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Role of von Willebrand Factor and ADAMTS13 in early brain injury after experimental subarachnoid hemorrhage

Publication year 2018
Published in Journal of Thrombosis and Haemostasis
Authors Y. Wang, E.M. Hol, H Wan, J Ai, S Brathwaite, H Ni, R L Macdonald, J.C.M. Meijers, Mervyn D I Vergouwen,

BACKGROUND: Early brain injury is an important determinant of poor functional outcome and case-fatality after aneurysmal subarachnoid hemorrhage (SAH) and associated with early platelet aggregation. No treatment exists for early brain injury after SAH. We investigated if von Willebrand Factor (VWF) is involved in the pathogenesis of early brain injury, and if ultra-early treatment with recombinant ADAMTS13 (rADAMTS13) reduces early brain injury after experimental SAH.

METHODS: Experimental SAH in mice was induced by prechiasmatic injection of non-anticoagulated blood from a littermate. The following experimental SAH groups were investigated: C57BL/6J control (n=21), VWF-/- (n=25), ADAMTS13-/- (n=23), and C57BL/6J treated with rADAMTS13 (n=26). Mice were sacrificed at 2 hours post-SAH. Primary outcome measures were microglial activation (Iba-1 surface area) and neuronal injury (number of cleaved caspase-3 positive neurons).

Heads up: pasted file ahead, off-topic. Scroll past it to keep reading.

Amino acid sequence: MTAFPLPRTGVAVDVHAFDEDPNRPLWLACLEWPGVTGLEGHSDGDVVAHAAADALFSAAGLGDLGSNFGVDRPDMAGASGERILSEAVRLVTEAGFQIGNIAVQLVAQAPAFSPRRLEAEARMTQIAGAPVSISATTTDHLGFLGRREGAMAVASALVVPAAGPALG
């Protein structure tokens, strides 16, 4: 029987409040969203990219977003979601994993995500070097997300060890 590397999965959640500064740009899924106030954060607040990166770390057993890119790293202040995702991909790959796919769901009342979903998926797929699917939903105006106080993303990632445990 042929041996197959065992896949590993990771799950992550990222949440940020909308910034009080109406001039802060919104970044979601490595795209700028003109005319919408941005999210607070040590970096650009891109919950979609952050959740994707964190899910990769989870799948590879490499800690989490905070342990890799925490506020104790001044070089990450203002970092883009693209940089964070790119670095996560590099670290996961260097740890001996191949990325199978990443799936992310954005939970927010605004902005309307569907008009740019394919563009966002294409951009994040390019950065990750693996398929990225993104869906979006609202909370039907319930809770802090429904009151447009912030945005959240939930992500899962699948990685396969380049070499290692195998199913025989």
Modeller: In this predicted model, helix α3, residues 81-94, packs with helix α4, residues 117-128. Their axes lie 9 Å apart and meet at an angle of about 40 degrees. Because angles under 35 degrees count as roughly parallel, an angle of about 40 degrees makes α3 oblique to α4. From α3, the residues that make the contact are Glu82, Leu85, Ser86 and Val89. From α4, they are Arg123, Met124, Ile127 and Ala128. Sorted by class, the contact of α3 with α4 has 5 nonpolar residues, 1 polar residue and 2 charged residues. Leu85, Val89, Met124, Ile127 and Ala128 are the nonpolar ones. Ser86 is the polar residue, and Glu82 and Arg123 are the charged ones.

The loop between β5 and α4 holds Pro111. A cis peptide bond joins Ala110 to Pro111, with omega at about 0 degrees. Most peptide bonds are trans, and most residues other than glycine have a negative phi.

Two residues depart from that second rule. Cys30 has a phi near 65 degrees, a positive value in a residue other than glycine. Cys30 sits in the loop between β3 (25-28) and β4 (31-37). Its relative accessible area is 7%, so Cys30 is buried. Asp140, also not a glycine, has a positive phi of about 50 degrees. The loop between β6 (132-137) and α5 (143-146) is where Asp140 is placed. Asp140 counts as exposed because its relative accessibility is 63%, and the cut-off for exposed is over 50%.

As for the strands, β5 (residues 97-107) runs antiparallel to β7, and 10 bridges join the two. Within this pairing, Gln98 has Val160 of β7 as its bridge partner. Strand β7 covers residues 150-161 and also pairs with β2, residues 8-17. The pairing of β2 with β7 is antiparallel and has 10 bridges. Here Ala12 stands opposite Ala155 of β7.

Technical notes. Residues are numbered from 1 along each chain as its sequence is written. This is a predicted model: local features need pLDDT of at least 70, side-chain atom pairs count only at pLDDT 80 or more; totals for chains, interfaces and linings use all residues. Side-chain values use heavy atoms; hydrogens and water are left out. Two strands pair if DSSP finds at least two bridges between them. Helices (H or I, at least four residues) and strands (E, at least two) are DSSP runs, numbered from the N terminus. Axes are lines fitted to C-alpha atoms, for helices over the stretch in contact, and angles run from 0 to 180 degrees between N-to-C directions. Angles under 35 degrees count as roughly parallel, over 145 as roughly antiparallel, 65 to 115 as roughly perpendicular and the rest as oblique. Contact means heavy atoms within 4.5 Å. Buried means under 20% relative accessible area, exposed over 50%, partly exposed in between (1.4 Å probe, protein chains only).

RESULTS: Compared with controls, microglial activation was decreased in VWF-/- mice (mean difference -20.0%; 95% CI: -4.0% to -38.6%), increased in ADAMTS13-/- mice (mean difference +34.0%; 95% CI: 16.2% to 51.7%), and decreased in rADAMTS13 treated mice (mean difference -22.1%; 95% CI: -3.4% to -39.1%). Compared with controls (185 neurons [IQR 133-353]), neuronal injury in the cerebral cortex was decreased in VWF-/- mice (63 neurons [IQR 25-78]), not changed in ADAMTS13-/- mice (53 neurons [IQR 26-221]), and reduced in rADAMTS13 treated mice (45 neurons [IQR 9-115]).

CONCLUSIONS: Our findings suggest that VWF is involved in the pathogenesis of early brain injury and support the further study of rADAMTS13 as a treatment option for early brain injury after SAH. This article is protected by copyright. All rights reserved.

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